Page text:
TUCSON, Ariz. (KGUN) — The University of Arizona is the top school in the country for doctorate degrees awarded to Native Americans, according to a recent survey by the National Science Foundation.
The data shows UArizona awarded 28 doctoral degrees to ‘American Indian or Alaska Native’ students between 2016 and 2020, the most of any of the 184 institutions that awarded doctorates to that population.
“It’s really a testament to, I think, everyone’s efforts to really tell our story and really affirm our commitment to serving the needs of our Native American students,” said Karen Francis-Begay, UArizona’s Assistant Vice Provost for Native American Initiatives.
Part of that commitment is what Francis-Begay calls ‘Nation-Building,’ or working to make indigenous students’ time at UArizona eventually lead to economically stronger tribal communities across the state.
“So students come to us, they get degreed, and hopefully the goal is they return back to their tribal communities and contribute to the work force,” she explained.
The school launched an Indigenous Resilience Center this fall to help native nations combat environmental challenges. Another program that is currently being developed would teach and train future tribal leaders.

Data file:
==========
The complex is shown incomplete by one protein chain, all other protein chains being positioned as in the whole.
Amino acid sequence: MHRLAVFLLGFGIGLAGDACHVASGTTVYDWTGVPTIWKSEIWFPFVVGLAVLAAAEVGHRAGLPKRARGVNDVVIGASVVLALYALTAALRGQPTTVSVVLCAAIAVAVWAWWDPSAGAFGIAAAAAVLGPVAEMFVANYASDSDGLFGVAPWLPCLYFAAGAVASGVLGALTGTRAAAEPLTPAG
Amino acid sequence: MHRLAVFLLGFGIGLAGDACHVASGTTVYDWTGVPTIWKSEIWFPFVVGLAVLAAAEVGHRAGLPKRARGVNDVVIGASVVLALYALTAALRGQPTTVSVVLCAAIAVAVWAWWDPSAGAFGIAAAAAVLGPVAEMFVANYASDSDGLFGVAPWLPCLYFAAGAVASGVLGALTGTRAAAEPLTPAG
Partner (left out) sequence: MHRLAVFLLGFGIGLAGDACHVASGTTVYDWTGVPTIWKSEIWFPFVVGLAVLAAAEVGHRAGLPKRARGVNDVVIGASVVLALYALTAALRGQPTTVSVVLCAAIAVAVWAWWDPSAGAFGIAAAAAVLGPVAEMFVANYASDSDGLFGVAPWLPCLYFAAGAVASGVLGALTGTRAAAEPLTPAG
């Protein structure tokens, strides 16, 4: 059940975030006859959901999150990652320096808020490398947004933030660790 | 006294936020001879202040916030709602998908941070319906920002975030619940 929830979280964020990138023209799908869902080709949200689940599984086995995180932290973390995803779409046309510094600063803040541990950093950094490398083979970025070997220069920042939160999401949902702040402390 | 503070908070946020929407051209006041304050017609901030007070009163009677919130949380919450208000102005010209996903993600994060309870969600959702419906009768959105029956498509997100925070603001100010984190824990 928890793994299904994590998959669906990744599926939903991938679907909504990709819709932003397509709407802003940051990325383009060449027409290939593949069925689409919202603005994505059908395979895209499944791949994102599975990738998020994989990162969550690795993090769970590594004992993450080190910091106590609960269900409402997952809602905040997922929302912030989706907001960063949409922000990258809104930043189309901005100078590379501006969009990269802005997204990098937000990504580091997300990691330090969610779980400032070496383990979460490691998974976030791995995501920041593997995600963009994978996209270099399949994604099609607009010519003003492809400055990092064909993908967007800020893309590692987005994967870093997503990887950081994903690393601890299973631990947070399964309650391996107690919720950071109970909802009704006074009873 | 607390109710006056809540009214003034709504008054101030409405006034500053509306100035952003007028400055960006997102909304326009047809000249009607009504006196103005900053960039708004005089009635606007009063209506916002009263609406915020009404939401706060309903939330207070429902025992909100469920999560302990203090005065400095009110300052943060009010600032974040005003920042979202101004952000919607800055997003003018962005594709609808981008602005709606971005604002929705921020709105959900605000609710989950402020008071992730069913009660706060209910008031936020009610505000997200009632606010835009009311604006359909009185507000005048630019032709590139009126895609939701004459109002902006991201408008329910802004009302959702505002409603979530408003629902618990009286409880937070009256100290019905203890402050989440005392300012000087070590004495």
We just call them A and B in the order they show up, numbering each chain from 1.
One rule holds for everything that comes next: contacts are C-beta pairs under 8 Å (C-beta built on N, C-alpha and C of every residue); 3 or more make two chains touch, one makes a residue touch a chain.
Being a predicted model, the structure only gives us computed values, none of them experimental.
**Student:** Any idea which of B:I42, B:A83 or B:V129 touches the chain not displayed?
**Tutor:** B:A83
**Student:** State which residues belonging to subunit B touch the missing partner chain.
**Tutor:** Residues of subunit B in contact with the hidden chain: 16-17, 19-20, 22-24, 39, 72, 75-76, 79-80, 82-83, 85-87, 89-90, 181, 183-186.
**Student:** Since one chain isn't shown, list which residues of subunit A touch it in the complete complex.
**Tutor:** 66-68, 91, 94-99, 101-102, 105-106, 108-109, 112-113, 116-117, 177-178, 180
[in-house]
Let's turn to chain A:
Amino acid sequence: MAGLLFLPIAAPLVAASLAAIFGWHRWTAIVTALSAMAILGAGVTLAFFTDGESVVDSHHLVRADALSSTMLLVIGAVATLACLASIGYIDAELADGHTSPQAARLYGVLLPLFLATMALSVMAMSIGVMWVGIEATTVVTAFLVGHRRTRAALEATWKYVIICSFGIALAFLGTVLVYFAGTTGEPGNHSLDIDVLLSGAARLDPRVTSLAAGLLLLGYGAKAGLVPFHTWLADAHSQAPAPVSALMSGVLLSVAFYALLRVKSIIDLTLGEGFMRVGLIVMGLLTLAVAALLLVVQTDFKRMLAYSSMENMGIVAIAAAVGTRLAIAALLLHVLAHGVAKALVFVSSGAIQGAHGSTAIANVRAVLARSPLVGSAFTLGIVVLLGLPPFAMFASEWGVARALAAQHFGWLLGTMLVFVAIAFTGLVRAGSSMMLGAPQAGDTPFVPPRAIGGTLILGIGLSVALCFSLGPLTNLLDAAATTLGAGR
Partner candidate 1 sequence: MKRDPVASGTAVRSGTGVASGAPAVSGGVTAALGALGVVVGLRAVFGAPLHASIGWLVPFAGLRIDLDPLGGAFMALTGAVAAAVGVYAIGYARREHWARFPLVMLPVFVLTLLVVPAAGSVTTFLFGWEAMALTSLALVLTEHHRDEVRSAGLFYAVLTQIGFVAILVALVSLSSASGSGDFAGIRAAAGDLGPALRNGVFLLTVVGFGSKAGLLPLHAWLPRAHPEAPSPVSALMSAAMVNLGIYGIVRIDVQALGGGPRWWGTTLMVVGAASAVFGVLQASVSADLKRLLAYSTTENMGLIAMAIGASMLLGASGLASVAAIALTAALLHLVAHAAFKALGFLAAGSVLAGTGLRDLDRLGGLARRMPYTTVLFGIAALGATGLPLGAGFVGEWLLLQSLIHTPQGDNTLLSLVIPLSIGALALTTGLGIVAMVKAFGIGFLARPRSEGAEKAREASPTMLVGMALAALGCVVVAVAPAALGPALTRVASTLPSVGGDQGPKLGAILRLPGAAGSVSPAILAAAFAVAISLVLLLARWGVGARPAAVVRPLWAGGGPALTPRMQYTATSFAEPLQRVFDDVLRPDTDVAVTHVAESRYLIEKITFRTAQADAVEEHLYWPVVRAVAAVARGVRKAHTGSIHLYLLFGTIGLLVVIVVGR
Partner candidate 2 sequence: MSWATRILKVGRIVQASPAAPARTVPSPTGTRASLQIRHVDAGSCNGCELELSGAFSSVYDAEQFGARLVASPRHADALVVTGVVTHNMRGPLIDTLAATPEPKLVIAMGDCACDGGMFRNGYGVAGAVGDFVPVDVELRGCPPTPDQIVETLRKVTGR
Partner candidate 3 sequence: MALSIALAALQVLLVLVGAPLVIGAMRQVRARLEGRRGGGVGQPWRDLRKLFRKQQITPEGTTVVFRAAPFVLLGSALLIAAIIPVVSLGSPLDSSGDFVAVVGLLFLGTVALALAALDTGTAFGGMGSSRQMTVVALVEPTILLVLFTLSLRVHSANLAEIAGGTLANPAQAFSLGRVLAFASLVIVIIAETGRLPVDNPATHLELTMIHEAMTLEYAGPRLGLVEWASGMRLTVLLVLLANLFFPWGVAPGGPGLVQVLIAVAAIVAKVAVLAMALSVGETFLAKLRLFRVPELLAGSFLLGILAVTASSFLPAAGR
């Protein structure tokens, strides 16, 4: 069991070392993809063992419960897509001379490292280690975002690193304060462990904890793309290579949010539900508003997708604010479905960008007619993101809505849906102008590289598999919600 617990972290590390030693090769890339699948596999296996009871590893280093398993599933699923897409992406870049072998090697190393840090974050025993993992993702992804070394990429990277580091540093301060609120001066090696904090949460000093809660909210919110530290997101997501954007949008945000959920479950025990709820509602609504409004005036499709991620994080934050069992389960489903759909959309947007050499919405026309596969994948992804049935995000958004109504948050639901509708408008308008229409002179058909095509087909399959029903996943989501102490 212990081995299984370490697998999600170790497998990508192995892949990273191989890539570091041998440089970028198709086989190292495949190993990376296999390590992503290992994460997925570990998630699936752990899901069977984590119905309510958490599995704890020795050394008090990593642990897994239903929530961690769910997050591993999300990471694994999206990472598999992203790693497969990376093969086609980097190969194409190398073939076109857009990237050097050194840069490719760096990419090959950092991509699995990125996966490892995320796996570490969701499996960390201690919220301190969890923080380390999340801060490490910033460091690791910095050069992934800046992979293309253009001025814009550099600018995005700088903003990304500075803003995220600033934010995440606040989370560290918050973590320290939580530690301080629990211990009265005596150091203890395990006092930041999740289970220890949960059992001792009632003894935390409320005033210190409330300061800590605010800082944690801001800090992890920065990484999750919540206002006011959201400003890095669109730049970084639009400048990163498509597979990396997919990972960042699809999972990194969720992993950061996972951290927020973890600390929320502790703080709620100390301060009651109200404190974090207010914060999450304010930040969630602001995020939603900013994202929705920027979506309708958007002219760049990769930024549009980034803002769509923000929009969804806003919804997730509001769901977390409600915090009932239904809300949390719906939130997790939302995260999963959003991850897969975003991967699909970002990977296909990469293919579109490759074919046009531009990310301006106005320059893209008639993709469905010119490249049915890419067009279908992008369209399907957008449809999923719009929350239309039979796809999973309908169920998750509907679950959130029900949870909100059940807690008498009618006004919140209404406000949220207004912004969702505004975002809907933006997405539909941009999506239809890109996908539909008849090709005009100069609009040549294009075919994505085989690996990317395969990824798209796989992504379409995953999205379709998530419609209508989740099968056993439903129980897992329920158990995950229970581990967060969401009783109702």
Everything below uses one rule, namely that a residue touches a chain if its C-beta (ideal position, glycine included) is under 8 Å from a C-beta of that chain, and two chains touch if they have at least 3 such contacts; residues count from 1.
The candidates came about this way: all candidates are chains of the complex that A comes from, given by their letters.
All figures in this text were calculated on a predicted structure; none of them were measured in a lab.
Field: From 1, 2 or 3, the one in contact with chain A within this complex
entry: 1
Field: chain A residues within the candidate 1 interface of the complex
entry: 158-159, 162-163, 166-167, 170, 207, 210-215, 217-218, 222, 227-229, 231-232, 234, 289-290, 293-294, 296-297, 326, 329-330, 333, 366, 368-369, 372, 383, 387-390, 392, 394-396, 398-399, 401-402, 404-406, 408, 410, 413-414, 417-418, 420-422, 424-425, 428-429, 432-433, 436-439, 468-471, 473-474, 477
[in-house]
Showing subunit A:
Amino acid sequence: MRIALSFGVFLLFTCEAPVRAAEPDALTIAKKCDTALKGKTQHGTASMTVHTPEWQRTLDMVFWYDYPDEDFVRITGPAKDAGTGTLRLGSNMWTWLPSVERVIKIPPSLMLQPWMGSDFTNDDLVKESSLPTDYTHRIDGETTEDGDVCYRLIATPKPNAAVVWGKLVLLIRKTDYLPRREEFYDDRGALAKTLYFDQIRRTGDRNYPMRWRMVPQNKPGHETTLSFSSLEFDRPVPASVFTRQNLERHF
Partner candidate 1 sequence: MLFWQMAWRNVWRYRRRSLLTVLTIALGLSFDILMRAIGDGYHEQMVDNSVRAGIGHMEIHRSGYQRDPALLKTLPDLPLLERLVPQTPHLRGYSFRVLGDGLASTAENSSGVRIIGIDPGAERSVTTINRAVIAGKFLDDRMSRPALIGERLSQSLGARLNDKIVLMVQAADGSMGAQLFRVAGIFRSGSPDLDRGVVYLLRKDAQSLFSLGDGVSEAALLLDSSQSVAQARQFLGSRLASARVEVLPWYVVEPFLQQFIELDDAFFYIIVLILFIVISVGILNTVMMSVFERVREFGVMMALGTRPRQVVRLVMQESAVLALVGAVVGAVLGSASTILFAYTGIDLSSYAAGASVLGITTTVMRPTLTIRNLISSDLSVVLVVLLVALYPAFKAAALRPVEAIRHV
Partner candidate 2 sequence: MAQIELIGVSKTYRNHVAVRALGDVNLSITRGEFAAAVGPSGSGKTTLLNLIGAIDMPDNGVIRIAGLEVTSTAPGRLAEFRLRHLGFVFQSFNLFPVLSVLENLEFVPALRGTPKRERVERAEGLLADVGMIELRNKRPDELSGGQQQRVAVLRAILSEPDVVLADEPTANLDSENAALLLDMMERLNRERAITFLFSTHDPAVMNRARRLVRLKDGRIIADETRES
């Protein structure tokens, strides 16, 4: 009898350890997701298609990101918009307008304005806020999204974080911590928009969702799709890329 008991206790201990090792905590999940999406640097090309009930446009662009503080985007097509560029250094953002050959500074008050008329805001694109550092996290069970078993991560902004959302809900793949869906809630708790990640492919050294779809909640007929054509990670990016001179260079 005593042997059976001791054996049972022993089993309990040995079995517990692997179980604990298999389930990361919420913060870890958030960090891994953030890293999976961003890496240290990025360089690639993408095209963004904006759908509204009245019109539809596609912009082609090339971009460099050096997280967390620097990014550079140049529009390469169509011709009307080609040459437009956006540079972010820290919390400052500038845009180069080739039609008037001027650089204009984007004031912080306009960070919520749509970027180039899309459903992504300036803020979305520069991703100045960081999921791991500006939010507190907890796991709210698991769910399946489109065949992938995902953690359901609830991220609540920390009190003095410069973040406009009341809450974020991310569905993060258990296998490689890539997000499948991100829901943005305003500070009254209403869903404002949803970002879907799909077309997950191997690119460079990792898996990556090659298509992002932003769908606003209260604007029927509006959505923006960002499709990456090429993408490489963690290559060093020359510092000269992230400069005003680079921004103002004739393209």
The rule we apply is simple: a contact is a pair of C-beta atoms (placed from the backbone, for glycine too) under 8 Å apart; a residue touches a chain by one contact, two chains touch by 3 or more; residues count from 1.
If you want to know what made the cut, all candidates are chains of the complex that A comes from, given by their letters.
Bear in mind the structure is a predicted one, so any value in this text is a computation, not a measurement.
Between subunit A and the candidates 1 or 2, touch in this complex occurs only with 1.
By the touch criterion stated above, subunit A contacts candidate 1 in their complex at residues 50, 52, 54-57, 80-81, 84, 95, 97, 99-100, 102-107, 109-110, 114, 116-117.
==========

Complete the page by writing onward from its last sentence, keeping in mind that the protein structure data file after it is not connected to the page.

“There’s so much more we can be doing,” said Levi Esquerra, UArizona’s Senior VP of Native American Advancement & Tribal Engagement. “Just because we’re number one in graduation doesn’t mean we can’t stop and increase the numbers that we graduate… Provide those opportunities for those students to truly be successful, to reach their true potentials, in whatever areas of interest.”
The recruitment goal on-campus is to make Native American students and faculty feel connected, respected and like they belong.
“Bringing them into the fabric of the institution, we always tell our students: Come as you are. And be prideful of who you are. Share your culture, share your language, and that’s what makes up the vibrancy of the University of Arizona,” Francis-Begay said.
There’s also been an effort at the university to pause and recognize that the campus sits on land that first belonged to indigenous tribes, specifically the O’odham and Pascua Yaqui people.
“Especially as a land grant university, we’re here to serve the citizens of the state,” Francis-Begay said. “And who are the first citizens? It’s the first peoples."
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